Hannah is a second year graduate student in the Women’s History Program at Sarah Lawrence College. Hannah is writing her thesis on Matilda Hamilton Fee and women in higher education administration in the south during the 19th century.
When first introduced to Women’s Studies in college, I initially gravitated toward studying the educational discrepancies I noticed in my high school regarding sex education. Growing up in a relatively small town in the Bible Belt south, I can assure you, there were several. I look back at the startled young woman, realizing for the first time, that her Physical Education and Health classes were nothing more than half facts and shame tactics, and I’m thankful that my college professors were encouraging that I explore that missing part of my education more. In this post, I’ll be looking at state sex education laws, the heteronormativity of the curriculum, and some long term effects of skewed facts and questions left unanswered.
In my freshmen year college dorm room, I found myself talking with my peers about our experiences with sex education. Students from northern states quickly realized that their experiences were vastly different from those of southern states. Those of us from Kentucky thought we might have similar experiences if we went to public schools, but we found that was not the case. According to federal law, states are allowed to determine their sex education curriculum. Broadly, states’ choices range from one of three mandate options: “sex education,” “HIV education,” and “sex education and HIV education.” Within that’s collection of options, states are allowed to push abstinence only education. Looking at the map below, you can see which states ascribe to which educational theory. Notice a pattern?
Yep, that’s right, a lot of southern states coming in strong on that abstinence only curriculum. Digging even deeper, we find that several states, Kentucky included, allow for each county or school district to decide the sex education curriculum. In some states, the Superintendent of a school district can decide what the curriculum will include. In others, site based councils (which often include parent membership) decide what is taught. That kind of power in the hands of few, with varying agendas, leads to inconsistencies in educational outcomes.
As you may have noticed earlier, when I listed the main types of routes for sex education curriculum, they are all based to some degree in the assumption that sex happens between a cisgender male and cisgender female. The phrasing of abstinence only and other aspects of sex education are extremely heteronormative. That is to say that, in most teacher’s curriculum, straight and monogamous relationships are set as the norm. With that comes strong and harmful gender norms that pigeonhole young people. One study even found that the curriculum taught in several schools, because it plugs heteronormative relationships so strongly, promoted homophobia.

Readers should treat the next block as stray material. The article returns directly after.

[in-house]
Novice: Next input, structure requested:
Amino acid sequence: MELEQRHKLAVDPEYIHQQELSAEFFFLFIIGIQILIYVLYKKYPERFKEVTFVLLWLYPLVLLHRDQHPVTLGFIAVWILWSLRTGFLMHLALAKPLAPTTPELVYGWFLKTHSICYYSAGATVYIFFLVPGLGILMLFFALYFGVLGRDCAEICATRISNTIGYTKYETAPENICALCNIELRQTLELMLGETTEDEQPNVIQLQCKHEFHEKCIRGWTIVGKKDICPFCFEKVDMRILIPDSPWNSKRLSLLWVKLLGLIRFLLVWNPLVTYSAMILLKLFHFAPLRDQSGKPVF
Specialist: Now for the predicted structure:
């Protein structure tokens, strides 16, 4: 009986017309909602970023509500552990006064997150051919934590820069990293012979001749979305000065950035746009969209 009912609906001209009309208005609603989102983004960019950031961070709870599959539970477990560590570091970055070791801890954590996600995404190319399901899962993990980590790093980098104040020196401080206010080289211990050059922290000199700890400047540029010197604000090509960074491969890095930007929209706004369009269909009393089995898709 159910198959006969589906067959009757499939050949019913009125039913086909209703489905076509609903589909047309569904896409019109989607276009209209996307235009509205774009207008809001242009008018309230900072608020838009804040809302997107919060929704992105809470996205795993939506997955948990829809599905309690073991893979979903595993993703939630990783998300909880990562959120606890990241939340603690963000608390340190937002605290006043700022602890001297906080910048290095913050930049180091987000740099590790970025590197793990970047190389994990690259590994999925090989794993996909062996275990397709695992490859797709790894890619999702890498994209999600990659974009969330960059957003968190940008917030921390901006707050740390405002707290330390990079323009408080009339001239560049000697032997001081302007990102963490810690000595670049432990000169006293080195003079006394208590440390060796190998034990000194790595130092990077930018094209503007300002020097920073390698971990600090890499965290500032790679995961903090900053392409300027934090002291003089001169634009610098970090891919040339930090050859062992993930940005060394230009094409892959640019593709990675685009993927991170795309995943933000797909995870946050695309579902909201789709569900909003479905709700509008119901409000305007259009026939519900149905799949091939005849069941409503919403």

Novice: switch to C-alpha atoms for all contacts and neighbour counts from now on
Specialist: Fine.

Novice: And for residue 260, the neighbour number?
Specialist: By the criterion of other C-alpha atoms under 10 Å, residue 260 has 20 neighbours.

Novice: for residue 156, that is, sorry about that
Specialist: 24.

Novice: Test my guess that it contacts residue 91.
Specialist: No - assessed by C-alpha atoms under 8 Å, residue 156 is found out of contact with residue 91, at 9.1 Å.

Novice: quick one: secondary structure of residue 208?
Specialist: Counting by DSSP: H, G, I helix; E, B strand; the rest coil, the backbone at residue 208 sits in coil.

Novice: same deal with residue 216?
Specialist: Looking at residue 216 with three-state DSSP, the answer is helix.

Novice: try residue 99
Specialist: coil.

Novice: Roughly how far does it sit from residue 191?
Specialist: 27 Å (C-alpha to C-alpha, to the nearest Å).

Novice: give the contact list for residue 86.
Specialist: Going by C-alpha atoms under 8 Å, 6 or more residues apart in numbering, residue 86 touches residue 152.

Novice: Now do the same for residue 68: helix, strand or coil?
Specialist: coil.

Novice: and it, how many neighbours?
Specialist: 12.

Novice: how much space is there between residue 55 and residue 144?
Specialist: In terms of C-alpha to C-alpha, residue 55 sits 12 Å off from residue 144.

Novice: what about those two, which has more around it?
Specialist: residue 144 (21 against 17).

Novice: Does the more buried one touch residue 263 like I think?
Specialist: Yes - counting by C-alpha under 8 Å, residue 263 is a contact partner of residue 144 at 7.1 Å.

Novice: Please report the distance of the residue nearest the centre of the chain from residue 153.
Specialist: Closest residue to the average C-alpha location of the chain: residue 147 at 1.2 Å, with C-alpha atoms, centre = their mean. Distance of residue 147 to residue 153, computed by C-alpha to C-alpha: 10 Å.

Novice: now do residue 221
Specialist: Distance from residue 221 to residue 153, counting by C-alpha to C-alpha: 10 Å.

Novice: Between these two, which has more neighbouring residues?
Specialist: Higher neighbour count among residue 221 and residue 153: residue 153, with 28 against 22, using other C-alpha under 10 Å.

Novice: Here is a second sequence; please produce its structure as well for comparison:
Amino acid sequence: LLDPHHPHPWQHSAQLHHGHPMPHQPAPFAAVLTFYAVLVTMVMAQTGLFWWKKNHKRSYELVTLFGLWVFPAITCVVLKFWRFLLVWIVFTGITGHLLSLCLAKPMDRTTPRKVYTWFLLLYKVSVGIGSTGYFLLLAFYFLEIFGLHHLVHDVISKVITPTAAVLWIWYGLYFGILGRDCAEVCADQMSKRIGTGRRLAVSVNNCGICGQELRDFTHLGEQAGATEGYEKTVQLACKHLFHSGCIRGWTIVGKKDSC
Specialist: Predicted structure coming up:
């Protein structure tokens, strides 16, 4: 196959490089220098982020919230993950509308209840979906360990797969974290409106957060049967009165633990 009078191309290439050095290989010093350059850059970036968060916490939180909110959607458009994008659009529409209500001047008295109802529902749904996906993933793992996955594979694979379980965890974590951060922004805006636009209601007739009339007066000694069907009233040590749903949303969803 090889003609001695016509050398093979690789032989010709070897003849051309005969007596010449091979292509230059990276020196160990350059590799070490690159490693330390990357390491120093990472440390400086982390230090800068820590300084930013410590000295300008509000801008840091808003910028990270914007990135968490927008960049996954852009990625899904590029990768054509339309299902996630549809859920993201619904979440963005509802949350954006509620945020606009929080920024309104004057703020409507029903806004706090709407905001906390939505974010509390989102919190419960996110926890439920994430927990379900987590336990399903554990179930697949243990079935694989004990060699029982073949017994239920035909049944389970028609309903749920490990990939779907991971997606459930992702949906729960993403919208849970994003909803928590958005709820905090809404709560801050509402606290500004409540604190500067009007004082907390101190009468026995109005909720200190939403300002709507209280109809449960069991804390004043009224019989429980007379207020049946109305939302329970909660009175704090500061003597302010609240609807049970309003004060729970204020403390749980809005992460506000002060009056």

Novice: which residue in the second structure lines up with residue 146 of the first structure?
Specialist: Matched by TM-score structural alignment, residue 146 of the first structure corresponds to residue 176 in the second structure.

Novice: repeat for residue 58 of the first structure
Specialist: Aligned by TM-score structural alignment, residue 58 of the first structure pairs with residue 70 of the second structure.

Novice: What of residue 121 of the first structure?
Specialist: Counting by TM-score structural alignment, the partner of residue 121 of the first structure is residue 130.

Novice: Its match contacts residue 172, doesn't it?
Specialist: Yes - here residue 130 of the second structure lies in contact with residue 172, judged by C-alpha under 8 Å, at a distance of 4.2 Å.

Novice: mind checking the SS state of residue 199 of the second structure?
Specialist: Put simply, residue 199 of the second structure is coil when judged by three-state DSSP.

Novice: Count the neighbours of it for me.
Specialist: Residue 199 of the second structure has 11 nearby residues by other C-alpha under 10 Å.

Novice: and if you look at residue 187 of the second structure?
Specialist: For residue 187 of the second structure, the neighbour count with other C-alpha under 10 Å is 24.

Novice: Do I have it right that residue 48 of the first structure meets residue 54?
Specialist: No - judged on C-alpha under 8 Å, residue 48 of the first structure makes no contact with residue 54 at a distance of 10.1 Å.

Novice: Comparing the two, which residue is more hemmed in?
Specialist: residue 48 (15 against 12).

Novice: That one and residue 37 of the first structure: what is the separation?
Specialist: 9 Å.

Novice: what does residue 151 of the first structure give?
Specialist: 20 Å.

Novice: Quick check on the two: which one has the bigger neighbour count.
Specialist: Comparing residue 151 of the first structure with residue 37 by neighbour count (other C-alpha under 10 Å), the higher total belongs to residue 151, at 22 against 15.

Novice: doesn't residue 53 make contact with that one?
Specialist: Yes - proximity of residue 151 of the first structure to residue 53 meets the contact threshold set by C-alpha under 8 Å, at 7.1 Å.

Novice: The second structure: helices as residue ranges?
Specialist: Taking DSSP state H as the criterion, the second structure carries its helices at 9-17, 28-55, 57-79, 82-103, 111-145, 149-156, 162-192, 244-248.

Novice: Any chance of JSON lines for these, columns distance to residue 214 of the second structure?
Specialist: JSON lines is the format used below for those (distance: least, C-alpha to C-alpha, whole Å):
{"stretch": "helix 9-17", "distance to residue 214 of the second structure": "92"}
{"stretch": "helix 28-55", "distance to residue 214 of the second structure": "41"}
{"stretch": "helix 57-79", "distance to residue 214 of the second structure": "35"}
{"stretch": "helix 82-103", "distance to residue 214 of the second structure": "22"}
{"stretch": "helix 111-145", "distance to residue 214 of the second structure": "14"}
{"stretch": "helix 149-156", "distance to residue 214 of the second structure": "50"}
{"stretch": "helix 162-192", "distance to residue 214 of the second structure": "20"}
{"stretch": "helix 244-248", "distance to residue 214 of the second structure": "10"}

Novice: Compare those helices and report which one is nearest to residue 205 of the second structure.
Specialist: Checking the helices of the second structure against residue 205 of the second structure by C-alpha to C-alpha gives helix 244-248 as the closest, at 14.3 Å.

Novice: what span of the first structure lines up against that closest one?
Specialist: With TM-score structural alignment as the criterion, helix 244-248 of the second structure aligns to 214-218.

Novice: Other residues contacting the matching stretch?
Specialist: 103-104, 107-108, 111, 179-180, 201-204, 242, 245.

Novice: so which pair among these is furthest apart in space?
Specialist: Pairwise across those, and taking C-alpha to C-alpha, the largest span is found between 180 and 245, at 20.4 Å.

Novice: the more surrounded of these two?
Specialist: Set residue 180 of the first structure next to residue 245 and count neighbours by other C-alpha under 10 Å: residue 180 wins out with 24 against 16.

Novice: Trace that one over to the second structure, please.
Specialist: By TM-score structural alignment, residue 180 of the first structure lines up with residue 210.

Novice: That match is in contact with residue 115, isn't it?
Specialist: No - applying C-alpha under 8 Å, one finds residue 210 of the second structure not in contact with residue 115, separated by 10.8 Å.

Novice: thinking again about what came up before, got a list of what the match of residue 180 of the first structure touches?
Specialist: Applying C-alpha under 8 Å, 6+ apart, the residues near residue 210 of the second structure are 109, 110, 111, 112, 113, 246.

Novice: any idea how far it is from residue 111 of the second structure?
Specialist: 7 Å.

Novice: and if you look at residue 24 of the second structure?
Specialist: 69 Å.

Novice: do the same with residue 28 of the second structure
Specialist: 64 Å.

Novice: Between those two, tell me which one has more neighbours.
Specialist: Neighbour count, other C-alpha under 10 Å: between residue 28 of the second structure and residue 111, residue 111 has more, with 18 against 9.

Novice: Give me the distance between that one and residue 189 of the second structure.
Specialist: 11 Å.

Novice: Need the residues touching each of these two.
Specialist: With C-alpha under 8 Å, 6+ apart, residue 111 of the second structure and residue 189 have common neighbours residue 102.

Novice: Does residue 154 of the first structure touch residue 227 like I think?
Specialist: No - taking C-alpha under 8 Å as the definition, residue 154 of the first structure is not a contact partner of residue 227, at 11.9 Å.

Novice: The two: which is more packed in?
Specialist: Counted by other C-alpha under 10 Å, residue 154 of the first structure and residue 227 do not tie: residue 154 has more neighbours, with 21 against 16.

When we look at the sex education system in the US, there are several long term effects. Mentioned above, one ends up being a complete intolerance for people in relationships that are non heteronormative. Another is a higher rate of teen pregnancy and STIs in states that lack more comprehensive and medically accurate sex education. Another is a friend from college not knowing that the urethra and vagina are two different holes. The system is flawed and it leads to unhealthy relationships with others and our own bodies. If you get nothing else from this piece, look at this website to see what your state says about sex education. If you can reach out to your local school board and ask what the curriculum is and find out if it is medically accurate. Work with parents and site boards to create more inclusive and comprehensive sex education.
Sidney is a first year MA candidate studying Women’s and Gender History at Sarah Lawrence College. Their academic interests include lesbianism and lesbian history in American from the 1920’s to the 1930’s. They are currently pursuing many different avenues for research in U.S. history pertaining to women’s and queer studies and looking forward to working on a thesis related to the linguistic and social evolution of female sexuality.
Halloween, 2014, I was a senior in high school. At this point in time, I was already out of the closet; not necessarily by choice, but rather because some kid named Alex stole my phone in AP Environmental Science at the end of my sophomore year and read my text messages with my girlfriend at the time. He spread the news to just about everyone and by the end of the day the entireschool knew: I was a lesbian. My first high school did not find this amusing; my teachers found it intolerable, my coaches found it unathletic, and my “friends” found it shameful. Thankfully, I was able to transfer to a different high school a few towns over, and at this one, it seemed okay to be gay. I brought my girlfriend to homecoming, prom, and one of my basketball teammates, Sarah, was also a lesbian. I was no longer trapped in a nightmare of an institution, populated by a tiny town known for generation after generation settling back down in the same community. Everybody’s grandparents knew everybody’s grandparents, and everybody’s business was everybody’s entertainment. So by the time I was a senior at my second high school, I remember thinking to myself, “wow, this is what it’s like to be free, to be myself”. Looking back now, I laugh at how I felt so freely lesbian that I made myself into a costume.